It’s a year ago this week that I first walked into my therapist’s office. At the time, my father had had a series of strokes. Between keeping vigil at his hospital bed and supporting my Mum (both an hour’s drive away), working 14 hours a day and feeling guilty that I’d wished my father dead, things started to fall apart. I started to fall apart. I thought if I talked to someone they might give me some coping strategies and I might feel better.
Little did I know that things would get worse – much worse – before they got better. Somehow my therapist very quickly found the key to Pandora’s box. I disclosed a whole freight train worth of toxic waste in a short space of time. I got diagnosed with depression and PTSD and a bunch of other nonsense I choose not to think about. Some of my “idiosyncrasies” started to make sense.
I went from super motivated career girl to not really knowing how to get out of bed each day. I took several months off work so I could learn to do that again. Get out of bed, I mean. I also gradually learned to open the mail and pay my bills, too.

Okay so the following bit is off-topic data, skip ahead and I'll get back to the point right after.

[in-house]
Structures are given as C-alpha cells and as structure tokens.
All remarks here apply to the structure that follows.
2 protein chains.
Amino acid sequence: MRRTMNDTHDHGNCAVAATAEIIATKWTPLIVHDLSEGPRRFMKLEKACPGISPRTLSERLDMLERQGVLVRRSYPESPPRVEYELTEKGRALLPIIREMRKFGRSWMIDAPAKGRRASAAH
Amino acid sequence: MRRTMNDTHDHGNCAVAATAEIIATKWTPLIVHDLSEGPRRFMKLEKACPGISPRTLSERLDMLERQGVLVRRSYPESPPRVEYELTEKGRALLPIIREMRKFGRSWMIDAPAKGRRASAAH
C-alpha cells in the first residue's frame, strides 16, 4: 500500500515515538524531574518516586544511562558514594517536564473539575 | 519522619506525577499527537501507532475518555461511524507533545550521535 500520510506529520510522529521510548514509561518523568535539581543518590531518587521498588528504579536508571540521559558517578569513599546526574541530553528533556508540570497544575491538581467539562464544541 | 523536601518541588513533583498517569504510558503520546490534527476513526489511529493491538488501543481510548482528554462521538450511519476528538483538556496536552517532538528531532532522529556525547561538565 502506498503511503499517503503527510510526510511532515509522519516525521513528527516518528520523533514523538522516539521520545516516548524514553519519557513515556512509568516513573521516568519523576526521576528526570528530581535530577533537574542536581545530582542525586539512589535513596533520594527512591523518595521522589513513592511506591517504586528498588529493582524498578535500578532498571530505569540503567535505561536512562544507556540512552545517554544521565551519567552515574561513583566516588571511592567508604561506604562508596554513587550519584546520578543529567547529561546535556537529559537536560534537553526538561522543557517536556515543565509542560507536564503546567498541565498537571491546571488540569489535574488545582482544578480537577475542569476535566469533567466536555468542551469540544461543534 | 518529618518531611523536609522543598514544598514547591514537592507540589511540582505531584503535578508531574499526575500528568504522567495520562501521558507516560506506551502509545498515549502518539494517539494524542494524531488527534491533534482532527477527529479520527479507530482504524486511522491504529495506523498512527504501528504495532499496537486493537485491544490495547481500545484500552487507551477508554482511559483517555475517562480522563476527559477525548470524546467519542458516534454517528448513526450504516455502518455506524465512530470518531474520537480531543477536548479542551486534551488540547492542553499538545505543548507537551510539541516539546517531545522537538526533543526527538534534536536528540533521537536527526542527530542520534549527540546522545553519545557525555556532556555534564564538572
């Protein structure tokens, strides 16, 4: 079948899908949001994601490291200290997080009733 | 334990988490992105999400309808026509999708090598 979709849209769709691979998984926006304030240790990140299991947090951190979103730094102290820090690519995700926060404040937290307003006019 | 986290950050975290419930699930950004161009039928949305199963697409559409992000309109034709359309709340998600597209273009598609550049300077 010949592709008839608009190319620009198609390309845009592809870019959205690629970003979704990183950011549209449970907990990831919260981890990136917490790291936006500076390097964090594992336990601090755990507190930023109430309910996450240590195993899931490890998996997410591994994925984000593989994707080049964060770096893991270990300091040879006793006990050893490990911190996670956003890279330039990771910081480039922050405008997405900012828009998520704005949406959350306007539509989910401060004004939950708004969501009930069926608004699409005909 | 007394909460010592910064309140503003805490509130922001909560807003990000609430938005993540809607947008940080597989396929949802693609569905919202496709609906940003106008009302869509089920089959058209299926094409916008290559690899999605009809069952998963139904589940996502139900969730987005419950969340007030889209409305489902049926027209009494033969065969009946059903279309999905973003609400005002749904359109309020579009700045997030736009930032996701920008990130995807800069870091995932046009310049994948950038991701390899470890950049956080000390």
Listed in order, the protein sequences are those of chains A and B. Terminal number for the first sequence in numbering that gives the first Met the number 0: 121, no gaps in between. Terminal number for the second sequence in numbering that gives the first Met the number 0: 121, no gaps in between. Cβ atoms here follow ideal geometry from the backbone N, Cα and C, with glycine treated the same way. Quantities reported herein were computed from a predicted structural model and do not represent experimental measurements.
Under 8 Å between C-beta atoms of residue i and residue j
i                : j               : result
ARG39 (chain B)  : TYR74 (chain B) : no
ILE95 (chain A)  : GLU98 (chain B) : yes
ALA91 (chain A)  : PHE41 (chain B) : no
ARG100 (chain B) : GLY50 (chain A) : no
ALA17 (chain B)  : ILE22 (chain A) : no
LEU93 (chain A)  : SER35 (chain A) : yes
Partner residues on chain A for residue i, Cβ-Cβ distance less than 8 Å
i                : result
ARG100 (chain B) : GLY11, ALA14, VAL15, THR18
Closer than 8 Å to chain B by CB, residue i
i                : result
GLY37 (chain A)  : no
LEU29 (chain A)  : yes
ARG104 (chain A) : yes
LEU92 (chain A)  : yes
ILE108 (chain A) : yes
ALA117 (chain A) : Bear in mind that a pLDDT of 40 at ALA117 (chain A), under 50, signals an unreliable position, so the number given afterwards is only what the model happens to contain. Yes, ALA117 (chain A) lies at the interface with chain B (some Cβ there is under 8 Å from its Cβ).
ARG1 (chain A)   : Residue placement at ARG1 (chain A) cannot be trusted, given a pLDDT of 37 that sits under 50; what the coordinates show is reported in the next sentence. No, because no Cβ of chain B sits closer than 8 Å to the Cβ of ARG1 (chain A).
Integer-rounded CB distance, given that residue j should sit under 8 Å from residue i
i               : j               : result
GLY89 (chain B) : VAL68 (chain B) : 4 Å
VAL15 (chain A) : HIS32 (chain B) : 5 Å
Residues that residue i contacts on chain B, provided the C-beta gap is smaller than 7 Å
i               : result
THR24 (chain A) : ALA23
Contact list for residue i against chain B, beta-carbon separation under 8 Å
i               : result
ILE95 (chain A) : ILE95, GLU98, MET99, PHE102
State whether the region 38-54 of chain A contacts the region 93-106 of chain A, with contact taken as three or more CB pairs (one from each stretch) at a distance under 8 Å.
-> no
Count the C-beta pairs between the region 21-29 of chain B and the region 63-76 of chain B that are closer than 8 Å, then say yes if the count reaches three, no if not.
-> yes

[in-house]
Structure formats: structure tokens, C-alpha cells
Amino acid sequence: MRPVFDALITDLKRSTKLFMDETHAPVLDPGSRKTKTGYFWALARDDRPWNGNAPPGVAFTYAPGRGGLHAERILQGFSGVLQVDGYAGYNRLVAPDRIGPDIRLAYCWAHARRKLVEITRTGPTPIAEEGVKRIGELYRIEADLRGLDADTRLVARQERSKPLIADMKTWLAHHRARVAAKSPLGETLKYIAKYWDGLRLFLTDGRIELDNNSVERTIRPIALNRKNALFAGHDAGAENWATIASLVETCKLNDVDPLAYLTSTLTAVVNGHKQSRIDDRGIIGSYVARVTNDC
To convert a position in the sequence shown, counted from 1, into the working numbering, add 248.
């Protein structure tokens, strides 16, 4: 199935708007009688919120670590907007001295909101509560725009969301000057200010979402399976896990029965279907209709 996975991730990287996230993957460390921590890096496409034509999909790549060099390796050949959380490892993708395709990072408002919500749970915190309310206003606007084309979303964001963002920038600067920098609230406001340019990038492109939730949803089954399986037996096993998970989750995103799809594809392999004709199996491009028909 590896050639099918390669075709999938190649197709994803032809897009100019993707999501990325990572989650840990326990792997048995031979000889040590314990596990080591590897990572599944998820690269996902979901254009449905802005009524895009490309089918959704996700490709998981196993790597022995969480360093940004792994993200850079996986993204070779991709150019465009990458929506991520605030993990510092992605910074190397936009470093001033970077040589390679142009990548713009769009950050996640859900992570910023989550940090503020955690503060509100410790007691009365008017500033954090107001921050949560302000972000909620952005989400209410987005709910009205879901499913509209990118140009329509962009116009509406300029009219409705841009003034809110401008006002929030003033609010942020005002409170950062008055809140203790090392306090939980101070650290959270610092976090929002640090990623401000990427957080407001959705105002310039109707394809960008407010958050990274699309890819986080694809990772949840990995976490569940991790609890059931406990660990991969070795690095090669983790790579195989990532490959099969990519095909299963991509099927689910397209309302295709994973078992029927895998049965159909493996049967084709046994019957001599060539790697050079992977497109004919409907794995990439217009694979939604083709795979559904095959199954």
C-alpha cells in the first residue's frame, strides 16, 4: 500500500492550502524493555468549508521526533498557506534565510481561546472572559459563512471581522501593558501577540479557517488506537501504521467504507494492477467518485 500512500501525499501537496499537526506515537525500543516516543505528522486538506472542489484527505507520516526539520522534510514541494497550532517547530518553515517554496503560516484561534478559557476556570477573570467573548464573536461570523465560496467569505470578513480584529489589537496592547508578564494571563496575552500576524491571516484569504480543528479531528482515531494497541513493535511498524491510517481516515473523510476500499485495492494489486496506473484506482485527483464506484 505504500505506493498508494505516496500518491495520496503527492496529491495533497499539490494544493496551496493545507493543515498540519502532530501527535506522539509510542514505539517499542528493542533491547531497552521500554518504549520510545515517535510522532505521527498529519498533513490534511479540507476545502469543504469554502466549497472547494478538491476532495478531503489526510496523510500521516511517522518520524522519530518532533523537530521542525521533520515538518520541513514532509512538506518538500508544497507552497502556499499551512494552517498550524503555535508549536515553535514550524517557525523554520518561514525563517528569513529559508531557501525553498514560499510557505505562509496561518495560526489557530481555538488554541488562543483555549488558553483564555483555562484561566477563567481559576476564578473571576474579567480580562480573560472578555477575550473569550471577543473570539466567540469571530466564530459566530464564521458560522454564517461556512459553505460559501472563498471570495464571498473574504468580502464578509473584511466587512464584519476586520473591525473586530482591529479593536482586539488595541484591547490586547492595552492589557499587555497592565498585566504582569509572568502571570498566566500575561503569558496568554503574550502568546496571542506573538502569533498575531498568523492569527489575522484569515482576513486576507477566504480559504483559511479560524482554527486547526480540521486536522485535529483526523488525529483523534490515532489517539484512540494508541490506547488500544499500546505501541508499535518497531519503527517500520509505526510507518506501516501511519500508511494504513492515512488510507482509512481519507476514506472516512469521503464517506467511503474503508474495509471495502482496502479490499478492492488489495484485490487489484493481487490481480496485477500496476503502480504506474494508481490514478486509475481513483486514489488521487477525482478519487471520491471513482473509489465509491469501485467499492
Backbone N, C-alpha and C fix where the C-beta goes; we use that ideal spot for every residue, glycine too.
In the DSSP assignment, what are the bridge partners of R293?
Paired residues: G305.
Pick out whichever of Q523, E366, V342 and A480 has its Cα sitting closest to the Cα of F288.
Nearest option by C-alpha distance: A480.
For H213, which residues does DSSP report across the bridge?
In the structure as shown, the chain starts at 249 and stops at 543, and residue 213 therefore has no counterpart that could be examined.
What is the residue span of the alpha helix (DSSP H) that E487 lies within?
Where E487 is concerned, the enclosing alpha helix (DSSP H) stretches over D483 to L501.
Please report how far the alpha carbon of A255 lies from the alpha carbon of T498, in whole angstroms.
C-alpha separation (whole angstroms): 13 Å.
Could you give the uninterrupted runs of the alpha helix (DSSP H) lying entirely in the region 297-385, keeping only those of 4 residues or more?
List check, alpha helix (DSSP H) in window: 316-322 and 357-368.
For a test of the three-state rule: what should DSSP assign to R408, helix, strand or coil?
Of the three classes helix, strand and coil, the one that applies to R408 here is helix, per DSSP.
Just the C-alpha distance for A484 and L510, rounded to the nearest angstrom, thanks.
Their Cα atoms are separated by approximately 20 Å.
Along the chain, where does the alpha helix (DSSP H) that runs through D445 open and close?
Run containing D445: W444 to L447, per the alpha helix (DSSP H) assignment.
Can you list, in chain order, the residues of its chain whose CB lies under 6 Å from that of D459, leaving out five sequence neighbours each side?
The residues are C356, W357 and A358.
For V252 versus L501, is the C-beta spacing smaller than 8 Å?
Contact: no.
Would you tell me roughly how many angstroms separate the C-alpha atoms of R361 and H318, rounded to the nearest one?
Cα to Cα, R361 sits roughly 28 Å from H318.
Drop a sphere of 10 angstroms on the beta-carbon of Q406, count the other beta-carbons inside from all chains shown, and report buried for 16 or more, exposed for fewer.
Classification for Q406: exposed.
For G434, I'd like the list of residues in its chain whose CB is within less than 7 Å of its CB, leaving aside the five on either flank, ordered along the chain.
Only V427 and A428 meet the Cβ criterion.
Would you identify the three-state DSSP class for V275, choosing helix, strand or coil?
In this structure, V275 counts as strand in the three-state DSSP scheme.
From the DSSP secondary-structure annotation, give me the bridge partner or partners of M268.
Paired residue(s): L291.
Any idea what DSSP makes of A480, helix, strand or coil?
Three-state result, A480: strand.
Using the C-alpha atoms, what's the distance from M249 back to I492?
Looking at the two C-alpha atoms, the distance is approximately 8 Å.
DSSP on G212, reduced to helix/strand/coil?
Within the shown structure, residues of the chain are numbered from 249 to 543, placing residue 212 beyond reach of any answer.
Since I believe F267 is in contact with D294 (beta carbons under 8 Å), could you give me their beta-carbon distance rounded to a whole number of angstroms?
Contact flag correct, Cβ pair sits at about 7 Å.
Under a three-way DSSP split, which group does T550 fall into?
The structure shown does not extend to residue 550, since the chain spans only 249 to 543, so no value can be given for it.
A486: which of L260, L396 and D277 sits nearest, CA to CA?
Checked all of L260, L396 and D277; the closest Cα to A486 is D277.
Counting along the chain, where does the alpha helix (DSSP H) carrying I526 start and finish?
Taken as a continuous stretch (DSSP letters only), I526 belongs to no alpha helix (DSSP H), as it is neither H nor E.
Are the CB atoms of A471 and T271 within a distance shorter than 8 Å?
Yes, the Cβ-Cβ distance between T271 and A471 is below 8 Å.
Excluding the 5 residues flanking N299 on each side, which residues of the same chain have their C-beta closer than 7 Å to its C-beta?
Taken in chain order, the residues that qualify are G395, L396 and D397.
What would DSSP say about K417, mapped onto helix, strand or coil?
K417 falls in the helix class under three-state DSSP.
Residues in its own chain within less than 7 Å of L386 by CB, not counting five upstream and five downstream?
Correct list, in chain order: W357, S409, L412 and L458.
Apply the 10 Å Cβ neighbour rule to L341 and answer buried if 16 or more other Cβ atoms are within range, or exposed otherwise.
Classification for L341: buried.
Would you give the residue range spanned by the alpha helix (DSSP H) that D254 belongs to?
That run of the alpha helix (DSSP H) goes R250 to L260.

I’ve progressed in other ways – ways I never imagined. But I never did find my woman-of-steel-soldier-on-at-all-costs motivation. I still fall in a heap at the first sign of added stress or illness or any damned thing. All my life I’ve been super responsible and done what was expected of me. As soon as anything is “expected” of me now – things I don’t want to do but used to do anyway – I fall in a heap. Which nuts and bolts got so undone that I can’t do anything anymore?
I’m scared. Will things always be this hard? What if my drive never comes back? What if I’m destined to be a slug for the rest of my life? How do you go from motivated career girl to slug in just twelve short months? How do you ruin everything you’ve spent a decade building? How do you get it back? If you even want it back, which I’m not sure I do… but I also don’t want to be a slug.
My therapist says I’m less fragile than I was a year ago (that’s true) but I’m still like an egg and need to build my outer shell. I’m not convinced but I’m trying to believe her. It’s all I’ve got right now.
I should remind myself of a quote I once read, by Lance Armstrong:
“Pain is temporary. It may last a minute, or an hour, or a day, or a year, but eventually it will subside and something else will take its place. If I quit, however, it lasts forever.”